Group Relative Deprivation

Group relative deprivation (GRD) is defined by Heather J. Smith and her colleagues as a judgment that one’s in-group is disadvantaged compared with a relevant referent, and that this judgment elicits feelings of anger, resentment, and entitlement. GRD, also known as fraternal deprivation, is distinct from individual relative deprivation (IRD), the judgment that as a unique person, one is relatively disadvantaged accompanied by feelings of anger, resentment, and entitlement. GRD occurs when people compare their reference group’s situation with another possibility, based on what “ought to be.” It is this emphasis on entitlement or “deservingness” that distinguishes GRD from other psychological theories and measures.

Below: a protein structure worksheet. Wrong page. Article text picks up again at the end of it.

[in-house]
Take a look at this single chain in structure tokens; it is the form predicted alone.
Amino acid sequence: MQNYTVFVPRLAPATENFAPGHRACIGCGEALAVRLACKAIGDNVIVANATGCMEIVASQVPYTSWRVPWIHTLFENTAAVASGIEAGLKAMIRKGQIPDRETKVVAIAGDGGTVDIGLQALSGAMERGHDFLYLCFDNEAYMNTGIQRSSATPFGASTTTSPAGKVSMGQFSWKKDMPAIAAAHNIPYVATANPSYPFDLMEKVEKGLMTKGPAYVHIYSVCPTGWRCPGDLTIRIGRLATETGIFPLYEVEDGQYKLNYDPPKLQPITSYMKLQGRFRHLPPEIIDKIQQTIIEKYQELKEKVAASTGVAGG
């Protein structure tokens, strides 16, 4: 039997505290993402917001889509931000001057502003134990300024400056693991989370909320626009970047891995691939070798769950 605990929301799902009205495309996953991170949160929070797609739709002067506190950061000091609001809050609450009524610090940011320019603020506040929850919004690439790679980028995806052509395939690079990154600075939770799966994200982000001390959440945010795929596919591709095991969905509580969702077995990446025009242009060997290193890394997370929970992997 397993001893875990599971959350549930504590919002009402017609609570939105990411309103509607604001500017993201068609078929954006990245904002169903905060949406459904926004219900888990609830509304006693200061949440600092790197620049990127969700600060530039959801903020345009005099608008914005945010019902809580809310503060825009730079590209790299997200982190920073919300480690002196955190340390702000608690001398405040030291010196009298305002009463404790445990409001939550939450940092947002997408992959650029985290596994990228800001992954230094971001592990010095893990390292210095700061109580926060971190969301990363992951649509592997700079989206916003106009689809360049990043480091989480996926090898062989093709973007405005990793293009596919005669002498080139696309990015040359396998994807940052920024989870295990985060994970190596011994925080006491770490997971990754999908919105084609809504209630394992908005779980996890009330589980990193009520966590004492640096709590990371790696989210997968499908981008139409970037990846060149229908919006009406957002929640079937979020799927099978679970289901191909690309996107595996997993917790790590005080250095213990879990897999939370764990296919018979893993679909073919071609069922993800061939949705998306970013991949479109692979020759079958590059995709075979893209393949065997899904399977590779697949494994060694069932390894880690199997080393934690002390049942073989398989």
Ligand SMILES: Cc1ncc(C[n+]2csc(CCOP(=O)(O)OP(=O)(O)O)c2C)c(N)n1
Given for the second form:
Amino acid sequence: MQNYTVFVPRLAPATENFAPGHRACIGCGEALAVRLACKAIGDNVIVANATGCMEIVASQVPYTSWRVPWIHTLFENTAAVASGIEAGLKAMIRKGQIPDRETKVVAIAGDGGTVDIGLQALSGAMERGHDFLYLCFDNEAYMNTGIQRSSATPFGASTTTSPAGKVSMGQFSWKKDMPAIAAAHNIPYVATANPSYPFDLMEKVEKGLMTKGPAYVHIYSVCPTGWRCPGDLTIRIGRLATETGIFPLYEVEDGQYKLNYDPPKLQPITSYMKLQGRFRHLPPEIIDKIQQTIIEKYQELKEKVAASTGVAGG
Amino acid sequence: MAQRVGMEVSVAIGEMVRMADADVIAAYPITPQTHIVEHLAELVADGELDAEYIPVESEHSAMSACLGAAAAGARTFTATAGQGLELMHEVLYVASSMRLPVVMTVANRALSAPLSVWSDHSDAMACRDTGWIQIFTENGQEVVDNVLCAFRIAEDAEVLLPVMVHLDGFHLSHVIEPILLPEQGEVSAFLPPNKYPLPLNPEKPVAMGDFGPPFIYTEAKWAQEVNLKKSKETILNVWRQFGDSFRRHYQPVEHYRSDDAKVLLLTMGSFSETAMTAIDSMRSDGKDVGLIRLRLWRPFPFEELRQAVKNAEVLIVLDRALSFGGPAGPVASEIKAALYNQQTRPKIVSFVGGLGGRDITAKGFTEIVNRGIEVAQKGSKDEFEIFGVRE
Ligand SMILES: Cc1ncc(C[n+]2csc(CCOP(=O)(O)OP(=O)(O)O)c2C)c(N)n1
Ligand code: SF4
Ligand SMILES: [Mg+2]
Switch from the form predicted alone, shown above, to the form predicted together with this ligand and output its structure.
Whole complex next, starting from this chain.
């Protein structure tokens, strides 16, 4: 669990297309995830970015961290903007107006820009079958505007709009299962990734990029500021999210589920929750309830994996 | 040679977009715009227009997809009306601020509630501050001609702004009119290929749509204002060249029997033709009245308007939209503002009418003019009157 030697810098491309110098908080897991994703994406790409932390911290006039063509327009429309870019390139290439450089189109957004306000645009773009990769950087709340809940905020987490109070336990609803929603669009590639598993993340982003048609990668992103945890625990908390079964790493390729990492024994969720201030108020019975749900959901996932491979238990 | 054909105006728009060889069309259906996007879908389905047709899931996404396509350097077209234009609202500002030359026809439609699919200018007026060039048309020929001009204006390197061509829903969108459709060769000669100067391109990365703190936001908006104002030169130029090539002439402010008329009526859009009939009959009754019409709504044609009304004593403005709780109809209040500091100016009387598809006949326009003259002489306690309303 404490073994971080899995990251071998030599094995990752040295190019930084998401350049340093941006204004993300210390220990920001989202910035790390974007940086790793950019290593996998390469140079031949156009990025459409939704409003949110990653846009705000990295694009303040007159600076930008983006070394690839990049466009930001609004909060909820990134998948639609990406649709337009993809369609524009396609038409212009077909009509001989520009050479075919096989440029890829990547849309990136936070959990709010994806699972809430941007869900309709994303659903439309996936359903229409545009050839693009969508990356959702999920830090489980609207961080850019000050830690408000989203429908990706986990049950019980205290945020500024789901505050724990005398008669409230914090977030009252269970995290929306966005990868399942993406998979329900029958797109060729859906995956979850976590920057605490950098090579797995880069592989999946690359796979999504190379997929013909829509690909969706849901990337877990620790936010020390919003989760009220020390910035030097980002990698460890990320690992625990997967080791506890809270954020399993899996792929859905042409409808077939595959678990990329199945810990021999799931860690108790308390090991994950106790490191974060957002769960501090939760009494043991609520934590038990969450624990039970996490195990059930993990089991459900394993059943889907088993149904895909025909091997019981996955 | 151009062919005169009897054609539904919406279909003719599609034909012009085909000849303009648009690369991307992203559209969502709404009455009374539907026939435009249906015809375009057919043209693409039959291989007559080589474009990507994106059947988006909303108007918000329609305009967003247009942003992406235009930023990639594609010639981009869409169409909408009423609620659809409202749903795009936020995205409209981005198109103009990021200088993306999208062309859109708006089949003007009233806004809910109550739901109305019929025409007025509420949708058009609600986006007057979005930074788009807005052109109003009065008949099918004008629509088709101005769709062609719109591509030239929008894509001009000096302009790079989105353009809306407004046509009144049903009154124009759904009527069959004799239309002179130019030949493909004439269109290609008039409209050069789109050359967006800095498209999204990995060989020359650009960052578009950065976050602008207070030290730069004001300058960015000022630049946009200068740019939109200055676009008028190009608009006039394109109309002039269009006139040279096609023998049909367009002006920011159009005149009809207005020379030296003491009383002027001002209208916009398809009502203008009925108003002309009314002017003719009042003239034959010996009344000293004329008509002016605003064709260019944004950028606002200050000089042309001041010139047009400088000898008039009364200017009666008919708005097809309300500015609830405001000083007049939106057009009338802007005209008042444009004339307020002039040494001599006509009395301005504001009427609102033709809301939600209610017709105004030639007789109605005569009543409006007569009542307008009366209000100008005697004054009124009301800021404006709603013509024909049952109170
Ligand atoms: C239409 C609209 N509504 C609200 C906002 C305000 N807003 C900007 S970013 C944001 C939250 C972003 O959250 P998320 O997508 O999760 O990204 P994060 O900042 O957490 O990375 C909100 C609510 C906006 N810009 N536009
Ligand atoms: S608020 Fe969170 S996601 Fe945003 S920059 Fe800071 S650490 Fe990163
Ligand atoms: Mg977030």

Concept History

After Samuel Stouffer initially used relative deprivation (RD) to describe unexpected relationships that emerged from surveys of World War II soldiers, ...

  • Loading...
locked icon

Sign in to access this content

Get a 30 day FREE TRIAL

  • Watch videos from a variety of sources bringing classroom topics to life
  • Read modern, diverse business cases
  • Explore hundreds of books and reference titles